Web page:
Are you the kind of person who always takes the road less traveled and drinks the lesser known beer?
If so, you might want to visit Winston-Salem’s newest brewery, Lesser Known Beer Co. It opened July 2 at 901 S. Broad St., fittingly, one least likely places in town for a brewery.
Lesser Known Beer Co. is the brainchild of Will Loring and Ryan Gramlich, two transplants from Richmond, Va., who found themselves here after touring the state in search of the perfect place to put down roots and make beer. beer.
Gramlich has been brewing for about 10 years. He worked for two breweries in Richmond before deciding to strike out on his own.
Gramlich and Loring knew each other in college, and they later reconnected when Loring worked in craft beer wholesale distribution. Once they decided to go into business together, they started looking for the perfect home for their brewery.
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“We went to Asheville and Charlotte, and places like Burlington, Hillsborough and Greensboro,” Gramlich said. “But we couldn’t stop thinking about Winston-Salem,” Loring said.
They said they were drawn to Winston’s relaxed atmosphere and the fact that he’s small but not too small.
At Lesser Known, Gramlich is head brewer and Loring is in charge of the front of the house.
As the name suggests, Lesser Known makes beers that may be a little different from the competition. “We focus on underrepresented styles of beer,” Gramlich said.
“It’s also a commitment to more traditional brewing,” Loring said. “Others (in the US) are starting to do it now, but not many.”
So beer drinkers who love IPAs and the latest American styles may need to step out of their comfort zone at Lesser Known.
Loring and Gramlich draw particular inspiration from Czech and German beer traditions. They would never claim to make German or Czech beer. “But in our Czech-inspired beer, all the ingredients are Czech,” except the water, Gramlich said. The same goes for German-inspired beer.
And that water is heavily filtered to give them more control over the finished product.
Gramlich and Loring even traveled to Germany and the Czech Republic for education and inspiration. Part of the trip included a visit to Moravia, the homeland of the Moravians who settled in Old Salem (about two blocks from the brewery).
Gramlich uses open fermentation, in a closed chamber, for most of the beer it makes – the main exception being the Easy Keeper lager. (Fermentation ends in a closed tank to naturally produce CO2.)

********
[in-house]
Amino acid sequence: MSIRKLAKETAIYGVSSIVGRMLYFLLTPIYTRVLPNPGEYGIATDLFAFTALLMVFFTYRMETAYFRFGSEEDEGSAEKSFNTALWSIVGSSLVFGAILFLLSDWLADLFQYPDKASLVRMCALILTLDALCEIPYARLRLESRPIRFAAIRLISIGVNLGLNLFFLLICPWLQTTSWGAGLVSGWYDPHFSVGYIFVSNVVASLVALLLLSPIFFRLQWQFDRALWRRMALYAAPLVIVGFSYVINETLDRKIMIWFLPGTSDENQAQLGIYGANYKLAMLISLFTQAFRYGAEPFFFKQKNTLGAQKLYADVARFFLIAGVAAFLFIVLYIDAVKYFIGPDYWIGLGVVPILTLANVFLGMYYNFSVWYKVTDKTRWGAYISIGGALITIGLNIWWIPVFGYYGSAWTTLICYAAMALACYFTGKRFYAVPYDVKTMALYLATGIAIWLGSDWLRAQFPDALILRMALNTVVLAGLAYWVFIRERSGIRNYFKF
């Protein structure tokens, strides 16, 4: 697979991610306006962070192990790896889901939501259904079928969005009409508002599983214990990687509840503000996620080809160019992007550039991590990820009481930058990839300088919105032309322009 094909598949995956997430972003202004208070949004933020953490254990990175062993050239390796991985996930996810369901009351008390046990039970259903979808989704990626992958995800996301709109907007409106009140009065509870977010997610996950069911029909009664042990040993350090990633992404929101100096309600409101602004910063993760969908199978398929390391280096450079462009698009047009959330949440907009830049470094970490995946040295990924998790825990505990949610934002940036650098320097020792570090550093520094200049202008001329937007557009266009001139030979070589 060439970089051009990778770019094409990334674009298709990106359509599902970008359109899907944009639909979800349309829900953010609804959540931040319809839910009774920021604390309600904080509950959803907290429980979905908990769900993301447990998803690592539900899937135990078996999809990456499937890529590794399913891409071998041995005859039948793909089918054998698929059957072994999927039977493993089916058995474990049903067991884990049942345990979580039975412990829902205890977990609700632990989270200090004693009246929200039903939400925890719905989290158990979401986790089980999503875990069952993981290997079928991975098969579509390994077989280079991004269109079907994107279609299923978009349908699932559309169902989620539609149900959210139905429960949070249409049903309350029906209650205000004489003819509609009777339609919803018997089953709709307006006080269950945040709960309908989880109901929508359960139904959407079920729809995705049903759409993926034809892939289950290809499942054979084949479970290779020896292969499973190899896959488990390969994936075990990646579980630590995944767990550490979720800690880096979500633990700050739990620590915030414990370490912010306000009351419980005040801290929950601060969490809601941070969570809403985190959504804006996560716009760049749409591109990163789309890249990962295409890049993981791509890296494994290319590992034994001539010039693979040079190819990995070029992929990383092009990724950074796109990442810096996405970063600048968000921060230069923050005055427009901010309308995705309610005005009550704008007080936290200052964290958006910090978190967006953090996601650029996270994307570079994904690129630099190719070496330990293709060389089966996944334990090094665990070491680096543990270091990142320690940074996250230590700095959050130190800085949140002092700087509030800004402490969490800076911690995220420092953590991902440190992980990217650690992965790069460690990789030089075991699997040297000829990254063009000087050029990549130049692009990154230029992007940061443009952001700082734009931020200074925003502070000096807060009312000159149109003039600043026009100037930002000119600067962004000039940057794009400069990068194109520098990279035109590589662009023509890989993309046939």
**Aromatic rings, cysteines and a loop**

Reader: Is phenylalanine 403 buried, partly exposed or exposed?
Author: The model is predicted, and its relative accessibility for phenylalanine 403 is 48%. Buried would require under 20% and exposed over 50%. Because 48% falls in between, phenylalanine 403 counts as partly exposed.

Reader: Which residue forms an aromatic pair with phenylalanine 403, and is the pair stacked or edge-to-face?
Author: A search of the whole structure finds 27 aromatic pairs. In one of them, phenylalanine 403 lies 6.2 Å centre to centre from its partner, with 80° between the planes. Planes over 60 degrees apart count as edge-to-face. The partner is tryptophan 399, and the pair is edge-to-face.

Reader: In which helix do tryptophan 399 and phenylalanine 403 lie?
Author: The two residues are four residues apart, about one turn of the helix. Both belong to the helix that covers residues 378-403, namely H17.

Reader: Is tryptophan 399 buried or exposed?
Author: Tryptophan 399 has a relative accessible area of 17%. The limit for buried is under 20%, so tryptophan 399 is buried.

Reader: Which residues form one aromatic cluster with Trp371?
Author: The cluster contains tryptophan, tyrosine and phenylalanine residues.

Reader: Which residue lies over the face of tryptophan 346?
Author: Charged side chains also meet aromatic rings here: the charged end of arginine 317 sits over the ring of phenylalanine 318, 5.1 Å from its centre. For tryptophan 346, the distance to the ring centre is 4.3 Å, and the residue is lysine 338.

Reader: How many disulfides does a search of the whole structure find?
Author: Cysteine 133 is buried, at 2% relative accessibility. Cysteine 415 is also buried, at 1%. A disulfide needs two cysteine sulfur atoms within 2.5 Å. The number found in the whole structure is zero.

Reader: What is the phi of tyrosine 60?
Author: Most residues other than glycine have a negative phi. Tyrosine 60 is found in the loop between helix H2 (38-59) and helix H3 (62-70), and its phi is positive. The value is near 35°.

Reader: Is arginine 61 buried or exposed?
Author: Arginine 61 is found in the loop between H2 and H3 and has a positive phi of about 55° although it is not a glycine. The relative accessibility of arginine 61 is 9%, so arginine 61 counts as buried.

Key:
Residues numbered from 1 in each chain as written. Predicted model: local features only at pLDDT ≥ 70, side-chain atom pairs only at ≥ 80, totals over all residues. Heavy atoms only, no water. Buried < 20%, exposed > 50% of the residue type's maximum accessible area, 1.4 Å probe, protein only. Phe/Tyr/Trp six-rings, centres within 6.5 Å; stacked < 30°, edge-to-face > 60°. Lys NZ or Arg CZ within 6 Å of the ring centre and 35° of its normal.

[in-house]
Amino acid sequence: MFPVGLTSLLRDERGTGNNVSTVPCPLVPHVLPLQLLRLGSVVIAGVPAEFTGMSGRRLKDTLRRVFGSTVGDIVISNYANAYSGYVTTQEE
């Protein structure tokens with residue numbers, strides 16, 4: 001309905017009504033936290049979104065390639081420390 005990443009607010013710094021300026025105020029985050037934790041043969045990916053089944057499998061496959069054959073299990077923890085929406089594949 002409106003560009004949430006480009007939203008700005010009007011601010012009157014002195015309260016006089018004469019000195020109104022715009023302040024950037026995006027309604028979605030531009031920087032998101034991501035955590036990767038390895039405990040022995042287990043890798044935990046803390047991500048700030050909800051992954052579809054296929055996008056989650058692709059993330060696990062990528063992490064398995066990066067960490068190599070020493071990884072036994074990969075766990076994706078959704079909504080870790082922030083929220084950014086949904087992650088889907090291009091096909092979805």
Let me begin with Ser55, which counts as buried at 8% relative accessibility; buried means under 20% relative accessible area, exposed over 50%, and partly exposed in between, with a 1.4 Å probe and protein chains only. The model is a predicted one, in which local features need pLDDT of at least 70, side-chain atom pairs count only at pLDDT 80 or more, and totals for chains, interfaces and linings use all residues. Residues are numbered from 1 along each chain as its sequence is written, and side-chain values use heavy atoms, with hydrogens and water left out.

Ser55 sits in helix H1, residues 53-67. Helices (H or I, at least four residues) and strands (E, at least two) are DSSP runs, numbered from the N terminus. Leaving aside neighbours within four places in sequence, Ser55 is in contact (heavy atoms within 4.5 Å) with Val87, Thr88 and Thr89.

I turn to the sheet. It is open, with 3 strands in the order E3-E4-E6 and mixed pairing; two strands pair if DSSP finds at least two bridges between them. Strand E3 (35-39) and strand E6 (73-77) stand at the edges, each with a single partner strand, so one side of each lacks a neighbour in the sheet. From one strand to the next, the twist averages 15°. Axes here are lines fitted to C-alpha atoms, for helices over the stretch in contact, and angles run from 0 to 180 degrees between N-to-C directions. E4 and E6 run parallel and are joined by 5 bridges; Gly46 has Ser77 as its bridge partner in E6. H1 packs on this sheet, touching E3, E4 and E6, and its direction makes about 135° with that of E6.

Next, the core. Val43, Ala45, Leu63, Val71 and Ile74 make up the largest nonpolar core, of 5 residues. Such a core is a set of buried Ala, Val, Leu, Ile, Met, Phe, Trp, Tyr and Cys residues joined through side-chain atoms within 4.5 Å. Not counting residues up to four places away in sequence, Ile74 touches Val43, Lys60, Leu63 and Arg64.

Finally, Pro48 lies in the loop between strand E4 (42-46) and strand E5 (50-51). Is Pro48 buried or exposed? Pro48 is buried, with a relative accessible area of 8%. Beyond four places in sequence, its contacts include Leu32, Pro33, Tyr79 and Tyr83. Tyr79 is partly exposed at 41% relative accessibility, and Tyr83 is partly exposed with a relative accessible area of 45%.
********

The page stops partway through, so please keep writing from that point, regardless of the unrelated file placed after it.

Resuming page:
Open fermentation, Gramlich said, gives beer a more rustic character and more nuanced flavor. The open reservoir also allows some unwanted volatile components to fly away.
Gramlich also uses a technique called decoction which involves removing part of the mash, boiling it, then putting it back hot in the rest of the mash. Gramlich said this process affects the conversion of sugar from starch in malt and produces more and different flavors in beer.
In addition to using less common methods, Lesser Known also offers tanks of some of its beers. In other words, they bypass the keg, instead using a spout on the brewhouse tanks.
“It’s not necessarily better that way, but it’s different. Every container you put the beer in changes it,” Loring said.
Loring and Gramlich said they don’t plan to offer live music, trivia nights or many other events. They prefer to stay focused on beer and socializing. There are no TVs at Lesser Known, and they have phone booths where people can store their phones to help them “shut down” while they enjoy a beer and company.
The brasserie has a small indoor tasting room complemented by two patios, one of which is covered. (Additional parking is available across the street at 914 S. Broad.)
Loring and Gramlich have used local food suppliers at every opportunity. They also plan to operate their own hot dog cart at some point.
Lesser Known currently offers four beers. A fifth will be released soon. Visitors will notice that the lesser-known beers tend to be lower in alcohol than many other craft beers.
Current beers are Oh So, a 4.0% ABV Czech-inspired lager; Lunar Handshake, a 5.0% ABV Czech-inspired dark lager; Easy Keeper pale ale at 4.7% ABV; and Fabian, a 5.2% ABV Franconian-inspired Kellerbier.
They plan to limit the selection of beers – they only have four taps and a few storage tanks in the brewery anyway – but they plan to rotate the selection.
“We will definitely be making seasonal beers,” Gramlich said. “And if you come back in two months, it’ll probably be five different beers.”